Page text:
Over many decades, research studies have shown the value and effectiveness of art education in the lives of schoolchildren, as well as its correlation to their achievement. And yet, increasingly during this same period, education decision makers once had all but removed art education from the curriculum of most elementary schools.
This is what we know about why art education matters: First, being a hands-on activity, the arts increase student engagement, focus on positive achievements and keep kids in school.
Second, the arts (including painting and sculpture, singing in a chorus, dancing and acting) require positive behaviors and attitudes, such as patience, persistence and collaboration, thereby building character.
Third, the arts enhance creativity and critical thinking skills, which are requirements of the 21st-century workforce. The arts provide a fun way to learn math principles, such as creating a work of art using measuring tools.
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Fourth, the arts can provide us with a sense of joy and life lessons such as teamwork and developing a passion for learning.
And, finally, a multitude of studies have shown that the arts in the curriculum almost always improve test scores and add in a variety of ways to student success.
Knowing this, schools are changing and once more seeing the importance of the arts and including them in their curricula.
As a funder of arts organizations and art-in-education projects, I have seen firsthand what this lack of art education has created for our arts organizations: dwindling and older audiences and much less financial support.
Since there was almost no art instruction in their schools, most younger people have not been taught the importance of the arts in their lives. This is one reason why so many of our arts organizations are struggling with smaller budgets, small staffs and dwindling numbers of people willing to financially support them.
At the same time, many of these same arts organizations are serving youth in a variety of ways. For instance, The Fresno Art Museum is just one organization which is serving our children, as well as families. Four times a year, the museum is open for Family Day events, which include art demonstrations and making art in the classrooms, performing arts in the auditorium, and the SAM Academy (science, art and music).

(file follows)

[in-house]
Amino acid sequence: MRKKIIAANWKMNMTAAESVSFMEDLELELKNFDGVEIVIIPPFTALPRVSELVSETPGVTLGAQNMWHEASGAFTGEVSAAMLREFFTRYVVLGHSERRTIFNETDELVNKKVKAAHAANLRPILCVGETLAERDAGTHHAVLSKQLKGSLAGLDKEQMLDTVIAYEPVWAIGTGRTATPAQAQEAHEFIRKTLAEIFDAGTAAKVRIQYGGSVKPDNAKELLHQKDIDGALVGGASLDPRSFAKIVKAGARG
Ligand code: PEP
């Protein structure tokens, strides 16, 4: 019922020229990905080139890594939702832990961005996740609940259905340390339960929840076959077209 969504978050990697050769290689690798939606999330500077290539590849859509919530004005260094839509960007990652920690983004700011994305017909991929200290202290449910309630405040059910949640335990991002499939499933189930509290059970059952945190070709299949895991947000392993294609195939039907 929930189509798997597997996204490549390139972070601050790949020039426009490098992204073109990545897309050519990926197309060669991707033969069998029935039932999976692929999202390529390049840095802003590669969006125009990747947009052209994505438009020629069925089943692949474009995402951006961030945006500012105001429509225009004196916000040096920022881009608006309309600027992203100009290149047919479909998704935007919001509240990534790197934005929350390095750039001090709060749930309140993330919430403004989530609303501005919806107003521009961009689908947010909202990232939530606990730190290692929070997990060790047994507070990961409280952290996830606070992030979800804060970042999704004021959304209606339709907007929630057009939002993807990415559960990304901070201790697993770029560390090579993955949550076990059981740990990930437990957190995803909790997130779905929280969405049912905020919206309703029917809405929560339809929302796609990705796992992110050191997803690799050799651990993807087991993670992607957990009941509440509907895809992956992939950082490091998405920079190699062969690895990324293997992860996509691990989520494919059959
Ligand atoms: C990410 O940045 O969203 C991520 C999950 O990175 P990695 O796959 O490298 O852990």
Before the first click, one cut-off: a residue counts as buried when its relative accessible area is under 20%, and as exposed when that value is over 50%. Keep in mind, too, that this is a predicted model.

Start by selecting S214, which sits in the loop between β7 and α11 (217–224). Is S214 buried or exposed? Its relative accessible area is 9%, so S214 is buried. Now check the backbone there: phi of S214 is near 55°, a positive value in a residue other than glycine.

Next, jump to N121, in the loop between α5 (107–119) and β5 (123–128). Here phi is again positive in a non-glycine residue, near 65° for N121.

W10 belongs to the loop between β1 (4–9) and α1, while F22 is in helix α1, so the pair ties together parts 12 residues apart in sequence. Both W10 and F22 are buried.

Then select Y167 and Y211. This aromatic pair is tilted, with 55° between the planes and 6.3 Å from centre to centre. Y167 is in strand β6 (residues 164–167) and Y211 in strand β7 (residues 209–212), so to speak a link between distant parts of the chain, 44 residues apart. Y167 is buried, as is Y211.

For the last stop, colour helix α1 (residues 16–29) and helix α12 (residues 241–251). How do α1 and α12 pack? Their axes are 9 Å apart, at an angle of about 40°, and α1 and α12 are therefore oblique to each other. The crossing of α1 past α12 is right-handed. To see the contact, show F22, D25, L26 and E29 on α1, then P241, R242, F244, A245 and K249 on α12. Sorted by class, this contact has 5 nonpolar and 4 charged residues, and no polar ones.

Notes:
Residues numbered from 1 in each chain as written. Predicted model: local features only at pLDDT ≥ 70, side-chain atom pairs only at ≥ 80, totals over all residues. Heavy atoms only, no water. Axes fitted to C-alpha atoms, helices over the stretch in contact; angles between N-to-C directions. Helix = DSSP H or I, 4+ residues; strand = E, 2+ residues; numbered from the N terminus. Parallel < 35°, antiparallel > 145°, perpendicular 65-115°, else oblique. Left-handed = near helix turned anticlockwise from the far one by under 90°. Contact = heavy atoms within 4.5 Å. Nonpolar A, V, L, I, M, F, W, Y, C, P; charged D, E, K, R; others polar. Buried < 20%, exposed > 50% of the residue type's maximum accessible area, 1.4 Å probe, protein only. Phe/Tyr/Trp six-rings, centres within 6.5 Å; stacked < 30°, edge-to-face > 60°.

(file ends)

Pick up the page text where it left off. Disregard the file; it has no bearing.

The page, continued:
The next free Family Day is coming up Dec. 14 from 11 a.m. to 4 p.m., and it will include an art treasure hunt with prizes, carolers, drumming, theater and face-painting among the activities.
In April, the museum initiated its first Mini Maker Faire, where nearly 2,000 people participated in creating objects and observing them being made. Probably the most important of its many collaborations involving art education is the current one with the Fresno County Office of Education’s Any Given Child initiative (brought to Fresno by the Kennedy Center), when every third-grader in Fresno Unified School District (and some in Central Unified) will visit the museum to learn about art and how to view it. They also will be given the opportunity to make art.
Another very important cultural arts institution, the Fresno Philharmonic, is providing a music education program called Link Up, in a partnership with Carnegie Hall’s Weill Music Institute. Students in third through fifth grades in both Fresno and Central Unified school districts will have the opportunity to come to the Saroyan Theater and perform on their recorders with the orchestra. This will be an interactive concert experience intended to break down the barrier between audience and performer. They will also be provided a music curriculum.
There are many other fine-arts organizations that are youth-oriented that deserve the support of this community, both monetarily and through attendance.
Here are some supported by the Bonner Family Foundation: Youth Orchestras of Fresno, Children’s Musical Theaterworks, Bach Children’s Choir, Sierra Chamber Opera and Valley Performing Arts Council.
Our children, our financially strapped arts organizations that serve them, the vitality and health of this community require the support of those of us who live and work here. And, I hope that you will conclude, as I have, that the arts in the schools aren’t a luxury, they are a necessity!